This show is a testimony to the role of dialogue, and a celebration of human communication. It is a collaboration and a documentation of unique projects created by four art collectives. The all-women collectives were selected in relation to the discourse they are creating within their community, as well as the dialogue they’ve established for creating a community.
Oda Projesi, for example, an artists’ collaborative based in Istanbul and Berlin made up of Özge Açikkol, Güneş Savaş, and Seçil Yersel, founded their group with the core intention to open up a space for exchange and dialogue within the communities in which they are working. In this particular show they are presenting “Tongue” in collaboration with Berlin-based artist Nadin Reschke. This community-based pedagogic project plays with the role and influences of subjective language. The project was originally created in 2009 and is revisited today with a new understanding of the need to communicate: how communicating well through words can build, and how misunderstanding of subjective language can damage.
Similarly, the L.A. based Mujeres de Maiz (Womxn of the Corn) founded in 1997 as agrassroots, multimedia women’s artivist organization, provides a space for their community to collaborate, communicate, and heal. The collective utilizes community partnerships, primarily with Chicana/Latina who are involved in the cultural, artistic and educational tapestry of the greater Los Angeles area. For our show, MdM is presenting their recent project “WE RISE: 4 Directions Unidos Para la Salud” which manifested both online and in person this past May of 2021. These events were composed of ceremonies, poetry readings, pop-up shows, and supportive community holistic events that allowed a space for their members to come together and talk (literally and emotionally).
In NY, Collective_View was formed in November 2016 in response to the Trump administration and the #MeToo movement. CV’s work revolves around discussions relating to art and labor of females in the art world, and is based on dialogue as well as intimate shows that connect and create an active and supportive community. CV offers an alternative to institutional structures, and promotes equality and collaborations. Their project “Shared View” presented here, is a home-based exhibition between members and collaborators that formed during recent lockdowns. This exhibition format has enabled intimacy and bonding in times when human connection and some form of physical presence were needed most.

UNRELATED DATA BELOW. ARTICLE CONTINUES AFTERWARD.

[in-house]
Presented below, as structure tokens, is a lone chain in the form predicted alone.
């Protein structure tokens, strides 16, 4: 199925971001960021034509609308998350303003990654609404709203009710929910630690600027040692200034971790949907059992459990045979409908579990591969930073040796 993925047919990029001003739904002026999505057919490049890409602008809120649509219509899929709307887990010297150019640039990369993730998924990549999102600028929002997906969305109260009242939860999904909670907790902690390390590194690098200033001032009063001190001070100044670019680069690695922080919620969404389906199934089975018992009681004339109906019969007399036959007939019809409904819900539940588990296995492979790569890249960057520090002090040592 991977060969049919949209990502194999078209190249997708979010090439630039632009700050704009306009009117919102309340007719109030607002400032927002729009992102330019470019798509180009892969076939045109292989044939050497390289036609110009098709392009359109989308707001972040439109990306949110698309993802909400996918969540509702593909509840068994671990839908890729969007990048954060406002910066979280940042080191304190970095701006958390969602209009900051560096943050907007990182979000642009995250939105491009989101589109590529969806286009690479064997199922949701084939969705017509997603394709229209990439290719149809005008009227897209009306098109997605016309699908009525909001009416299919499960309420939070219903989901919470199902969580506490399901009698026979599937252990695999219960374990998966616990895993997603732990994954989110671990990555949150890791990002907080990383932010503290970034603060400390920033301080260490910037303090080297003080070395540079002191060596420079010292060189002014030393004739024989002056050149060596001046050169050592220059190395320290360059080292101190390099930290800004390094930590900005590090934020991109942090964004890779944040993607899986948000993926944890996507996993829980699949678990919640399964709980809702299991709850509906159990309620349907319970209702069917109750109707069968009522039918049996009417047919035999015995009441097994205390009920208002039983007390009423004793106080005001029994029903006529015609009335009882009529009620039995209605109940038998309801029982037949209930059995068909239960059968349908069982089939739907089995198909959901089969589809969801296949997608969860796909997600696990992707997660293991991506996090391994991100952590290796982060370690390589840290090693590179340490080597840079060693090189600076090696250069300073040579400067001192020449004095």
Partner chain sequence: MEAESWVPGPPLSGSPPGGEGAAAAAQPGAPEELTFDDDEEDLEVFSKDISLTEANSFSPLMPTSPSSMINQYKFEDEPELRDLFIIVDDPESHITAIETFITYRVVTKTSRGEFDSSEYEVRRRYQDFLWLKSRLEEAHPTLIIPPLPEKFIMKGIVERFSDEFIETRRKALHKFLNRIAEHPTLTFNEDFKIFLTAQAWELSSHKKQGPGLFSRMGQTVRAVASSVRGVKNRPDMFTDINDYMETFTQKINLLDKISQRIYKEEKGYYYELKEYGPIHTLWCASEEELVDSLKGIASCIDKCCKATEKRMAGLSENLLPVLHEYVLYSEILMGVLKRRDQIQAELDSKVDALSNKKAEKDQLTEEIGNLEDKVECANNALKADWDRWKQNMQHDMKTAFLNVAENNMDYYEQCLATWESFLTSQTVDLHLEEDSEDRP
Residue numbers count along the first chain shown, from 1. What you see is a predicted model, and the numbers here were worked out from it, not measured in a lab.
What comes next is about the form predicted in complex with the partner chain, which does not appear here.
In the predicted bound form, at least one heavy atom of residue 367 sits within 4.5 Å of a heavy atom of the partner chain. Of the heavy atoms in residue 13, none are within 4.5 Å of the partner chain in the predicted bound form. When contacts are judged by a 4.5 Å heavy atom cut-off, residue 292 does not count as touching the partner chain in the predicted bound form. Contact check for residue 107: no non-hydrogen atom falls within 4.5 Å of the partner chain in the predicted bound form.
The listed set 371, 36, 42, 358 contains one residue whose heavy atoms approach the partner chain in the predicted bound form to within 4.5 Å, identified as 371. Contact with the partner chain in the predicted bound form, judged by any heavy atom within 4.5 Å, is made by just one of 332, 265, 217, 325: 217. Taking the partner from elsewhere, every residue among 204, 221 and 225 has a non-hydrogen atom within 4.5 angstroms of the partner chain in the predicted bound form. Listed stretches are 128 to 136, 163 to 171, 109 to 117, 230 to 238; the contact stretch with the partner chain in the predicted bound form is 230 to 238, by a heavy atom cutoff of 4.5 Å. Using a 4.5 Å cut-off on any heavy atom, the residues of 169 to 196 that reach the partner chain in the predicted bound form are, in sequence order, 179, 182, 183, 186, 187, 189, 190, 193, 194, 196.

And finally, The 8th of March Group, a Bulgarian based art collective, was formed as a reaction to an exhibition titled “Erotica” in 1997, which featured only male artists. In response, the group created an all female exhibition under the same theme, and continues to create groundbreaking exhibitions that bring forth feminist ideas and brings female artists and curators to the forefront. For their online project members of the collective reunite here to create a show inspired by their 2006 exhibition “Reflections Multiplied.” The online presentation will focus on the understanding of how concepts about femininity have shifted in the past 15 years, and how this shift allows us to read women’s works of art from a different, deeper perspective.
One week at a time, the collectives will launch their project, as each group will have a special webpage dedicated to their creative contribution. This online show seeks to highlight the groups’ alternative radical actions and soothing words that create unlimited interpersonal connections; eventually, what these groups are doing is connecting people with people through words and actions.